The People We’ve Been Hanging Around…

“That’s the president of the Republic,” Carla says about the man on TV. “He is dead already but well, someone forgot to tell him.” Carla, like Catarina, is a member of “Bloco” and a teacher. Unlike most left-wing Portuguese, Catarina recruited her mother. Normally it’s the other way around. I have spent a lot of time pondering the phenomenon of one generation who revolted against fascism, alongside a younger generation organizing the fight against austerity. Carla was a bit too young to face down the regime but her youth was in the early days of the Republic and the spirit of 74′ has had loud echoes.

As we sit in the living room of her flat and try to sort through the events of the day, Carla tells me that she likes our blog so far because “it’s true.” This is a serious responsibility.

We haven’t been able to take the “Worst Tour” yet. We did however get to meet back up with Pedro, who seems to know just about everything. Today he wore a shirt that said “Fuck Google, just ask me.” This is good advice. He gave us something of a social history tour as we walked through Porto and he seems to know everything. We learned about how the revolution nationalized all the properties of the Church and how the blue tiles on the walls mark the old liberal houses from the period of civil war in the 1830’s.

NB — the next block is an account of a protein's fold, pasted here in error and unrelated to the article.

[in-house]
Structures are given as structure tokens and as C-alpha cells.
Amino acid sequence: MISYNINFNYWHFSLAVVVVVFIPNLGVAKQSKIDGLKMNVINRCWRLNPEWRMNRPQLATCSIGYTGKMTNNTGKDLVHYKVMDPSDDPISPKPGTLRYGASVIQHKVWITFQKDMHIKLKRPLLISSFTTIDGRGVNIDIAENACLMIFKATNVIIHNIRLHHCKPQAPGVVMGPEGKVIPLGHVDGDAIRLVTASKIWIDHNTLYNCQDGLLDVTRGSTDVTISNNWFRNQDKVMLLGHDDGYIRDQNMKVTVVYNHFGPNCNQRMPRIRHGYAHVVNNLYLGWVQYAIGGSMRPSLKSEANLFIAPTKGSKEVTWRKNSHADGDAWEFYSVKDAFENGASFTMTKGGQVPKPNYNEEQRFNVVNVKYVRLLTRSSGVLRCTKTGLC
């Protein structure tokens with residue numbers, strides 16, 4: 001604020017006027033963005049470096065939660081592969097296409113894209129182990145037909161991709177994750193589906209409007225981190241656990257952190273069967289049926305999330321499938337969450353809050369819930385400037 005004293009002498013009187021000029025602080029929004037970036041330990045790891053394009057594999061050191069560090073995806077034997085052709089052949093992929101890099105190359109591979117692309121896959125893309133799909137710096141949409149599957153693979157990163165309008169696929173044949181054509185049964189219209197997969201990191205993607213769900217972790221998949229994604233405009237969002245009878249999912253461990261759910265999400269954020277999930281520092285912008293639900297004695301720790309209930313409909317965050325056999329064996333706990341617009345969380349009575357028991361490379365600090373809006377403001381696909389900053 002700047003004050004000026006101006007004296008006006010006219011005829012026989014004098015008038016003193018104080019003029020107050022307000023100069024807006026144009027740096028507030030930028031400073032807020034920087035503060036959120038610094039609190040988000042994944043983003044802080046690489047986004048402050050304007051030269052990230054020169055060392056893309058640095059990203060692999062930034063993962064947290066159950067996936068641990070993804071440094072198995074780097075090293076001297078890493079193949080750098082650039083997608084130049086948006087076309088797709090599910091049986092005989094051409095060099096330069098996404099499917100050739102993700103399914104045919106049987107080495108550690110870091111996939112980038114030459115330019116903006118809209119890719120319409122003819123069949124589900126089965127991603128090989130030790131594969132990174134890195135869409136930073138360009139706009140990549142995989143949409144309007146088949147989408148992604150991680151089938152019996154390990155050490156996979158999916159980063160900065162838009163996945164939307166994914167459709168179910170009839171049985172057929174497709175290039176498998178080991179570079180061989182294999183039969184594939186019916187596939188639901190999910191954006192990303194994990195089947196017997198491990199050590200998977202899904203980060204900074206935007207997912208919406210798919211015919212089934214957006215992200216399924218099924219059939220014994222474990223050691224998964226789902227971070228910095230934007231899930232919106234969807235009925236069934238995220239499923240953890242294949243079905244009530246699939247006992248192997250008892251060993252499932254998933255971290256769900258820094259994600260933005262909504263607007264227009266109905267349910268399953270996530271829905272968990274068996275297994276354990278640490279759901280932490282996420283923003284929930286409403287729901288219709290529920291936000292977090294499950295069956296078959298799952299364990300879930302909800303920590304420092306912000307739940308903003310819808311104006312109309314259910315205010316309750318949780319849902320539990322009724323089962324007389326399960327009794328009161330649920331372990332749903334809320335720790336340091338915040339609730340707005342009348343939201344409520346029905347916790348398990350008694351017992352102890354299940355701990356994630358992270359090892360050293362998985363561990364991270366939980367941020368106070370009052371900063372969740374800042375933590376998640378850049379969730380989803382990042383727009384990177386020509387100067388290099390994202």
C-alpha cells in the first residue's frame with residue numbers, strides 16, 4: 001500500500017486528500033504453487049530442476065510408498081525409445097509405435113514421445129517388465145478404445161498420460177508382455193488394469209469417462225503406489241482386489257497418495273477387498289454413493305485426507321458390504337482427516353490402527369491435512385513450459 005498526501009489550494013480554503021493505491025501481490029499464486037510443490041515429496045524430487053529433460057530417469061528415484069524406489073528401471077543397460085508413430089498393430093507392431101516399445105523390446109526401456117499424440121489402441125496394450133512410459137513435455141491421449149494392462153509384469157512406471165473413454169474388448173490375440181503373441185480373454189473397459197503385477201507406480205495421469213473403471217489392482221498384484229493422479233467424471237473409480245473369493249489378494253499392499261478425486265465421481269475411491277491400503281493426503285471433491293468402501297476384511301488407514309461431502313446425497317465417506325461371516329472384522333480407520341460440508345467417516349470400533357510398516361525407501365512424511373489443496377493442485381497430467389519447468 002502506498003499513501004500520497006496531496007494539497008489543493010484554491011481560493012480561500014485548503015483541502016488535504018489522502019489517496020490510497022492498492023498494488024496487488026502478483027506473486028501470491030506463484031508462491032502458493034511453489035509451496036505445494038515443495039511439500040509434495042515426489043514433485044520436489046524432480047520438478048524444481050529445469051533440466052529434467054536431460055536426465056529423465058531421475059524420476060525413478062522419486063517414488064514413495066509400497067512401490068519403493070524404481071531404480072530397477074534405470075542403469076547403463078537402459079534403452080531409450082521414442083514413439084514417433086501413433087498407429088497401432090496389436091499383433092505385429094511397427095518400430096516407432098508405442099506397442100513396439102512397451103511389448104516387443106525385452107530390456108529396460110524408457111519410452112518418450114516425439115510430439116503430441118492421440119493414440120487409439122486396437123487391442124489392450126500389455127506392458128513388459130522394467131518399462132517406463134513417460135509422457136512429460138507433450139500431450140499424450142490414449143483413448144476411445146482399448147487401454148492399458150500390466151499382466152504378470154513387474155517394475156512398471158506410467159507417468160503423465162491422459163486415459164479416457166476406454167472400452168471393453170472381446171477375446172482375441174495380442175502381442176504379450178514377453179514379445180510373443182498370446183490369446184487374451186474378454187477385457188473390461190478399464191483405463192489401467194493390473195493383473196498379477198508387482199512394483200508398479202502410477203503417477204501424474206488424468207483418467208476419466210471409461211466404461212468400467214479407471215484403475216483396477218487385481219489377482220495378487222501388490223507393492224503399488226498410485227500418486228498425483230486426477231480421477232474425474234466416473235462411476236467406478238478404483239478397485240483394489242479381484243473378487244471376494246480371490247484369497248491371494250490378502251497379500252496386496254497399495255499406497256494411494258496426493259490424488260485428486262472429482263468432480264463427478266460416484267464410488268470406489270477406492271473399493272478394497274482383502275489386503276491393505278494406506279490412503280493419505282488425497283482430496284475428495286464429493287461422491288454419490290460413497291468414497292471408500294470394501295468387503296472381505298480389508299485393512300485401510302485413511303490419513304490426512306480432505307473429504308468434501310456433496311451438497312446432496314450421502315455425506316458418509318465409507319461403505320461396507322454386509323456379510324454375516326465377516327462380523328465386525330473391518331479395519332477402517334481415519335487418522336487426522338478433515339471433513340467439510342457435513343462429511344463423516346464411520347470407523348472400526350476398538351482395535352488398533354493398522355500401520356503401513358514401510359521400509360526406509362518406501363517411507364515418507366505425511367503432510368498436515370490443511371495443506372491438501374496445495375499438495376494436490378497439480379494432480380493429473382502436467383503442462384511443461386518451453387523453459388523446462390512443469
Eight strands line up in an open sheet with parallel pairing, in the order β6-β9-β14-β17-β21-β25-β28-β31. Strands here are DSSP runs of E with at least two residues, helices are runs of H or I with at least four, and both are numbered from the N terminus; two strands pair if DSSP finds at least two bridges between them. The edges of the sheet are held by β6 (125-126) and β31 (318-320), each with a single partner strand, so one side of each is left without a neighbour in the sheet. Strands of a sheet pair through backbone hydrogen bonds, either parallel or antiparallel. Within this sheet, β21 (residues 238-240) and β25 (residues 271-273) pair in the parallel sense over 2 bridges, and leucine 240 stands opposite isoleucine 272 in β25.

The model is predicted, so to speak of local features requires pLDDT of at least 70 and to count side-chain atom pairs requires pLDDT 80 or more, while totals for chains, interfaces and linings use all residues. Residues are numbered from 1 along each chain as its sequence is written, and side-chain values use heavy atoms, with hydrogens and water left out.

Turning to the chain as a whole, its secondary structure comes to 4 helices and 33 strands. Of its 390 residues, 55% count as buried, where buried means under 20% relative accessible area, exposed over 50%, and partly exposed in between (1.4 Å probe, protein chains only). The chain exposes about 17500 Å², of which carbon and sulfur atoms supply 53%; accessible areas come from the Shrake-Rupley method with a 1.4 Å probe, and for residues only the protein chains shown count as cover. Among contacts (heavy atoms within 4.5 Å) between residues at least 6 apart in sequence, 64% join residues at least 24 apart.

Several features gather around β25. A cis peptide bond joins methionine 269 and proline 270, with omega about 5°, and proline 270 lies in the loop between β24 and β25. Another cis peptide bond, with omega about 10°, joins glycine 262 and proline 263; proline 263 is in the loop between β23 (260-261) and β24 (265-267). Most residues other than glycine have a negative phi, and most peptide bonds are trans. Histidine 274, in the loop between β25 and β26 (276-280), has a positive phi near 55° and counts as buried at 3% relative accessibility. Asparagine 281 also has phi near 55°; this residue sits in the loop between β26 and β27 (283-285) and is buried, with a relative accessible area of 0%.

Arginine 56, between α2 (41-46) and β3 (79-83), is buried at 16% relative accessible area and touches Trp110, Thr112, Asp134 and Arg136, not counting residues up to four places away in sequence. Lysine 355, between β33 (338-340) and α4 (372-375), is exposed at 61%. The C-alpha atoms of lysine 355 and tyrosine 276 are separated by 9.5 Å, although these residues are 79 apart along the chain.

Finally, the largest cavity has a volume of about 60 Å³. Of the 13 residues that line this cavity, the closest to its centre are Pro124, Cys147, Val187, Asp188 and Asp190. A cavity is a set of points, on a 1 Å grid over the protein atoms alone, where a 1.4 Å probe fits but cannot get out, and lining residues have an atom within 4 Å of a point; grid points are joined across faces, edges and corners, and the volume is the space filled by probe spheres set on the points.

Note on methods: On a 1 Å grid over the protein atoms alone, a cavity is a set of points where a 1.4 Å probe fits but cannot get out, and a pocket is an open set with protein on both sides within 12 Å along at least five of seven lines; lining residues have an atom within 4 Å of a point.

We saw a lot today and we talk about even more but right now I’m thinking about how much we’re learning about our friends here.

In the United States, we have this celebrated concept of “Southern Hospitality” but it’s got nothing on Southern Europeans. Over dinner, another of Catarina’s friends, Diana, offered to show us around Lisbon if we manage to find ourselves there. It’s not lost on me that most of the people we’re spending our time with are of the left and are Catarina’s friends. It’s also a well known fact that Southern Europeans are incredibly hospitable.

In the press they say that the peoples of Southern Europe are lazy (and drunk) as a matter of habit. This is the flip-side of this incredibly hospitable culture. They sit around and have dinner for hours, then grab drinks afterward in order to tell another story or accomodate another friend. This is supposedly why their economies are lagging. Even if that did make sense, what does it say about the economic system that is so at odds with having a pleasant time?

– Jason

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